Even the oversized part of that rule hardly applies to a revolver because the chambers are going to size the lead to chamber diameter, regardless.  Where it really does matter is in the use of round ball.  A round ball must be well over chamber diameter so as to shear or swage down enough to form a cylindrical drive band around the "equator" of the ball upon loading.  That provides a gas seal and also provides some engagement with the rifling.  So with a .447" or .450" chamber like most of the Italian 44 caliber repros have, you want a ball of .454" and .457" respectively.  I've used plenty of .457" ball in .447" chambers too, and they work well.

When it comes to using conicals in these revolvers, well, there's a ton of stuff we have on this forum already.  I short; conicals were the main projectile used in revolvers by the North in the Civil War, usually in the form of "consumable envelope" paper cartridges, they net you significantly more KE, they must be heeled or tapered at the base for loading, and their major diameter need not be more than about a thousandth or two over chamber diameter.  I usually run conicals of between 200 and 230 grains, but up to 255 or so were used back in the day, and I usually size them to chamber diameter, up to two over.  I also load a lube cookie (thin paper card, a lube pill consisting of a black powder specific lube, about an eighth inch thick, followed by another card) between powder and bullet.  Lube behind the bullet gets you far more "fouling mitigation" effect than lube over the bullet or in a lube groove.  Mostly I use paper cartridges with that load arrangement.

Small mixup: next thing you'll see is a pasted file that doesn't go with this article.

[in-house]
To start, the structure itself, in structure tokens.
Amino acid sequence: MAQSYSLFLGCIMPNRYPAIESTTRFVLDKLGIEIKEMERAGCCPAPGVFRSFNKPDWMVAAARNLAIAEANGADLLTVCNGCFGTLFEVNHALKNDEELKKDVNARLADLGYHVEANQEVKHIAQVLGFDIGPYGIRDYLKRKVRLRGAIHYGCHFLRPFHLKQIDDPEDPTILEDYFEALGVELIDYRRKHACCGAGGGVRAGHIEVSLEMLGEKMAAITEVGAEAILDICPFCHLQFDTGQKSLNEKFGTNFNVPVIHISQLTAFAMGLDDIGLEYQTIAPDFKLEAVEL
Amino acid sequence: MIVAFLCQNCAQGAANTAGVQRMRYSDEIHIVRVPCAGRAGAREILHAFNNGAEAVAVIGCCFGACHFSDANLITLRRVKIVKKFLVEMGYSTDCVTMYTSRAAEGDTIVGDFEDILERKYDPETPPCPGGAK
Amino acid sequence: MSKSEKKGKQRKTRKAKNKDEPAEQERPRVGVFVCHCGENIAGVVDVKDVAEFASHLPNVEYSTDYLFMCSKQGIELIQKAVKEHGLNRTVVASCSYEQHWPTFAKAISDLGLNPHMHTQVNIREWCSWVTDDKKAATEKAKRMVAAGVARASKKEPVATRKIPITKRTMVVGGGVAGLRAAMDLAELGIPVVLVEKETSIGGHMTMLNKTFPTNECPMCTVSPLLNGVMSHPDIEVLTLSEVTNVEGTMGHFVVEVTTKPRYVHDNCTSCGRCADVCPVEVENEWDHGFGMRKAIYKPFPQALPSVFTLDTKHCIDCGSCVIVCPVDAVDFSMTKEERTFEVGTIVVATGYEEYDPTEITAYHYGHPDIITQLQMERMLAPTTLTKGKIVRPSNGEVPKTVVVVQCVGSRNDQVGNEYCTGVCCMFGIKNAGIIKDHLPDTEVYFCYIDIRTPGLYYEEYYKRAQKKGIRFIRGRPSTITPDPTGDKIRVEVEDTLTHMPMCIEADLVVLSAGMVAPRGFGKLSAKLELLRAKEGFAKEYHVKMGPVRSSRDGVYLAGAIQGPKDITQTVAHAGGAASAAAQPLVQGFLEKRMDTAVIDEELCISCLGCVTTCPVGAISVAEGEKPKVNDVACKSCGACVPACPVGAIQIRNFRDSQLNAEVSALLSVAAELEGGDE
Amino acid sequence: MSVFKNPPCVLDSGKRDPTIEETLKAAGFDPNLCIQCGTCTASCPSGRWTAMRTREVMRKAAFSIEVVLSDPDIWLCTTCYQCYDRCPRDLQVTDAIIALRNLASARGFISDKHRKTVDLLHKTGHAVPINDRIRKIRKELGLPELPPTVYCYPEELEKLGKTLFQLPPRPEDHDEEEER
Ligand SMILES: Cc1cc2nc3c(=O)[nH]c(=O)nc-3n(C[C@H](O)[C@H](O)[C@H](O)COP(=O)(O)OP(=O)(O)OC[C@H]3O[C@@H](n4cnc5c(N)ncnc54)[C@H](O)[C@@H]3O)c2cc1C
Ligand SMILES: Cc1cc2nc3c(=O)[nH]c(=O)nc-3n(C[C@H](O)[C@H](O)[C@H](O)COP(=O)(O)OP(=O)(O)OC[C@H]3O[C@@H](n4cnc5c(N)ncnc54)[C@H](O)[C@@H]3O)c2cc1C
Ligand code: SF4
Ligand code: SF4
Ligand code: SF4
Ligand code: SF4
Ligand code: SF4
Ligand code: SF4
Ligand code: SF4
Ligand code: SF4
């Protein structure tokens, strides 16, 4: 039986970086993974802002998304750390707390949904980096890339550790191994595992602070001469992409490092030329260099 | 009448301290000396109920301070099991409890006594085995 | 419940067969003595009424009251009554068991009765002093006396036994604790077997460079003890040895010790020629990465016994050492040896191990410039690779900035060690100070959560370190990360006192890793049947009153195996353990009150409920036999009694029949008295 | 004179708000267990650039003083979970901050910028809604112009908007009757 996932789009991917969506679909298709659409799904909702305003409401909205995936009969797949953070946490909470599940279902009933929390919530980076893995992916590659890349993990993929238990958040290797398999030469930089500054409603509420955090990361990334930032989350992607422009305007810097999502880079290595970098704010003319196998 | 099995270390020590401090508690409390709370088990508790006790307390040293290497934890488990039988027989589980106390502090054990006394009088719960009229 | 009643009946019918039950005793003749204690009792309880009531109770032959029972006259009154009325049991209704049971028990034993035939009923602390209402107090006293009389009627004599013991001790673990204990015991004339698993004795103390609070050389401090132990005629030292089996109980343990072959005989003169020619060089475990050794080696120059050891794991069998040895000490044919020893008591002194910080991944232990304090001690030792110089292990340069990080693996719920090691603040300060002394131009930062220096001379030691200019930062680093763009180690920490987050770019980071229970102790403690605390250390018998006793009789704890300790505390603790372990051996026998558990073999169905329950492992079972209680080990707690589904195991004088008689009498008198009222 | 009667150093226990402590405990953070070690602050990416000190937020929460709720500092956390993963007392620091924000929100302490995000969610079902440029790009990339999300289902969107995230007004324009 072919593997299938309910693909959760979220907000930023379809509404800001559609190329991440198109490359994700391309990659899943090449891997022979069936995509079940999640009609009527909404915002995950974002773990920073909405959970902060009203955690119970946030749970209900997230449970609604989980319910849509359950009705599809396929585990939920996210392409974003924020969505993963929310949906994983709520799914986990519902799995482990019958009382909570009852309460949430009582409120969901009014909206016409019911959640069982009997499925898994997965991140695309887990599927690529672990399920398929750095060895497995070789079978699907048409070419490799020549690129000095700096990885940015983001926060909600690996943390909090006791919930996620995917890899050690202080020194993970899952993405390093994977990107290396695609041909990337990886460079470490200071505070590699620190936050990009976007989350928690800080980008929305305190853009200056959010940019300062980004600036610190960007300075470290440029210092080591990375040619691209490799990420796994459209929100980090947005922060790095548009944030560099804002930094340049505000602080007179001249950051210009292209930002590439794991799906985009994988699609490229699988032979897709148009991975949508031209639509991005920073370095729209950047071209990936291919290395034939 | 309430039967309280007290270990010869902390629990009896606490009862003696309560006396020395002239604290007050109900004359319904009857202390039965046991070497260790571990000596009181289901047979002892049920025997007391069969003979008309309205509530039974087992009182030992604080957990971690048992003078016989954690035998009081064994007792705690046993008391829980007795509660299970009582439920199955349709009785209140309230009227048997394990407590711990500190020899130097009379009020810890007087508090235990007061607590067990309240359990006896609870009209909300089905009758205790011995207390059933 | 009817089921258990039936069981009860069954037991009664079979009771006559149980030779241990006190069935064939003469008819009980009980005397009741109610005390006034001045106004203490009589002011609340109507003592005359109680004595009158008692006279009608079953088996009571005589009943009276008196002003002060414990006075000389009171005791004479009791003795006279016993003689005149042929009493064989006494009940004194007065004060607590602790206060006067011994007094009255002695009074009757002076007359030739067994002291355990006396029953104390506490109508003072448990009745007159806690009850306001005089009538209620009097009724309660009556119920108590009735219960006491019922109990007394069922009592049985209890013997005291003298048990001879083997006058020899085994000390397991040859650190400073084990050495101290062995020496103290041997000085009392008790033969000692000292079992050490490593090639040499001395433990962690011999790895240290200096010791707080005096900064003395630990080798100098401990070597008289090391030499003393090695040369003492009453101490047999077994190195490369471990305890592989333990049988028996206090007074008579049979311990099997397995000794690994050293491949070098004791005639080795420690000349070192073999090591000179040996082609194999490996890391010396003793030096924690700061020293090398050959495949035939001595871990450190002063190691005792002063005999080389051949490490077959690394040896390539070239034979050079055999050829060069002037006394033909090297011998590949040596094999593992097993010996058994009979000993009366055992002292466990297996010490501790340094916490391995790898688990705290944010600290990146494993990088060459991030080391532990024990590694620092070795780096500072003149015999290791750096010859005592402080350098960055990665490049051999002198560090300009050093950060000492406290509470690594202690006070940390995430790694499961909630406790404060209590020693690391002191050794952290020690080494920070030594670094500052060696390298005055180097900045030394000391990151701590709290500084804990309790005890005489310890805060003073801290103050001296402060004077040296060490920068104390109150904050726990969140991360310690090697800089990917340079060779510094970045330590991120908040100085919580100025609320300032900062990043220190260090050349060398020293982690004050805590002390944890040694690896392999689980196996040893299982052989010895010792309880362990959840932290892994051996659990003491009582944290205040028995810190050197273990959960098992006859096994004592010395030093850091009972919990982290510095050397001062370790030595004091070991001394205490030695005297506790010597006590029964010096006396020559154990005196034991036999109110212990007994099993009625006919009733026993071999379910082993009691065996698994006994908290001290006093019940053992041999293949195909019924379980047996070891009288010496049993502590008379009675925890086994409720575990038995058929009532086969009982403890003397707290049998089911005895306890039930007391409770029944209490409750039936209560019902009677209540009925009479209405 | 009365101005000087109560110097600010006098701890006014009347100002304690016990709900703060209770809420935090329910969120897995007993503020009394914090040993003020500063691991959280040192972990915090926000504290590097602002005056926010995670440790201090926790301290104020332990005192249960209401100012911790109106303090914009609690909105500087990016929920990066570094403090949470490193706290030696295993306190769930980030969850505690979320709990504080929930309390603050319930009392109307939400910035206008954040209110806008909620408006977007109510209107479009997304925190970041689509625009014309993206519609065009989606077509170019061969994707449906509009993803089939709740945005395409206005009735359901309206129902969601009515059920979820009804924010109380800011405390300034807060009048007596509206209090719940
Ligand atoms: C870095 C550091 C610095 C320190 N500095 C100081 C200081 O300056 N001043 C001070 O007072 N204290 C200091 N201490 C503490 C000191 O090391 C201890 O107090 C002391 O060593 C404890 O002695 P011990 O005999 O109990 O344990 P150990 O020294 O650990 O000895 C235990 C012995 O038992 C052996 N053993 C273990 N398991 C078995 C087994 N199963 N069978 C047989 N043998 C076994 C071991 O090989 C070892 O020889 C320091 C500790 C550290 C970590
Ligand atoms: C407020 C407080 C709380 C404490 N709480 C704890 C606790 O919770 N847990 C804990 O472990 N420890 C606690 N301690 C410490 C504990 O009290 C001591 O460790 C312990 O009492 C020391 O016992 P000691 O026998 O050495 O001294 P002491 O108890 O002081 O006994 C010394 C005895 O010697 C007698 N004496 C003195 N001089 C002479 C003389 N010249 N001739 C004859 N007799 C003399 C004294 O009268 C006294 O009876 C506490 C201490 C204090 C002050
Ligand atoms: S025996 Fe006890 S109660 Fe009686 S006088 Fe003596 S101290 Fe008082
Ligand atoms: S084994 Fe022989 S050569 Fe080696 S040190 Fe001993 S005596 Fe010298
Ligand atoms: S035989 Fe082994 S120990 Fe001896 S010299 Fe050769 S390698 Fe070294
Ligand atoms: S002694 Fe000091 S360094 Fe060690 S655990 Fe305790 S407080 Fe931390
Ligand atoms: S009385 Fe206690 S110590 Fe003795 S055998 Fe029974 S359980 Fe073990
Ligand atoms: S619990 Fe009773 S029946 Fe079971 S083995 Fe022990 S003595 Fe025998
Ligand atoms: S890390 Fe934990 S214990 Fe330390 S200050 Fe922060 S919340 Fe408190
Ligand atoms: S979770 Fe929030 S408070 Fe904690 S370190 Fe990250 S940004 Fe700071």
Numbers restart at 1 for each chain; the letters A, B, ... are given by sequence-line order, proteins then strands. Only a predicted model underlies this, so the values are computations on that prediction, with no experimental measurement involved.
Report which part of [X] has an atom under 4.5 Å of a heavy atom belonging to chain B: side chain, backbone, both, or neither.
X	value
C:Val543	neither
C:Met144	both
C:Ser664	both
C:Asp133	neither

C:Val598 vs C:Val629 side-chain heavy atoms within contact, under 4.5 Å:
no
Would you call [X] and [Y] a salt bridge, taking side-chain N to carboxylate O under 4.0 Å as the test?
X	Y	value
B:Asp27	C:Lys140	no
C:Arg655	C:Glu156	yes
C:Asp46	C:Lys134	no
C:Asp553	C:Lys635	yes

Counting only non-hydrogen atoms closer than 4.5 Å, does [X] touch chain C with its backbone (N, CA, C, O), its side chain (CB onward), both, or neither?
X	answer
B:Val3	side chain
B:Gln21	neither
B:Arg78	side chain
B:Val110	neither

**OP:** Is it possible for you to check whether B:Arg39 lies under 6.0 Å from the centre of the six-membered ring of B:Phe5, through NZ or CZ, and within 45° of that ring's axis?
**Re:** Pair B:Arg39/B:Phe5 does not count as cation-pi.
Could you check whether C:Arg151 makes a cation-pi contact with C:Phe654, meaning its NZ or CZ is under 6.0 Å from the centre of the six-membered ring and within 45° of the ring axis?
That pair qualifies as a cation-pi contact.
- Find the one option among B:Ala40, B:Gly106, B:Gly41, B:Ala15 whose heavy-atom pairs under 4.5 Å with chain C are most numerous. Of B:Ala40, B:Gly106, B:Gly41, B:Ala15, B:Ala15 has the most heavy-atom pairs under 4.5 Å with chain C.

And that brings up the lube.  In modern smokeless loading, lube is used to help float the bullet in bore to reduce leading of the bore.  Not so with black powder.  Here the purpose of so-called "lube" is to mix with the powder fouling and keep it soft, such that a subsequent shot will "squeegee" the fouling from the previous shot out of the bore.  The proper fouling mitigation regimen will therefore result in no more fouling in the bore after the hundredth shot than there was after the first shot.  In other words; no buildup.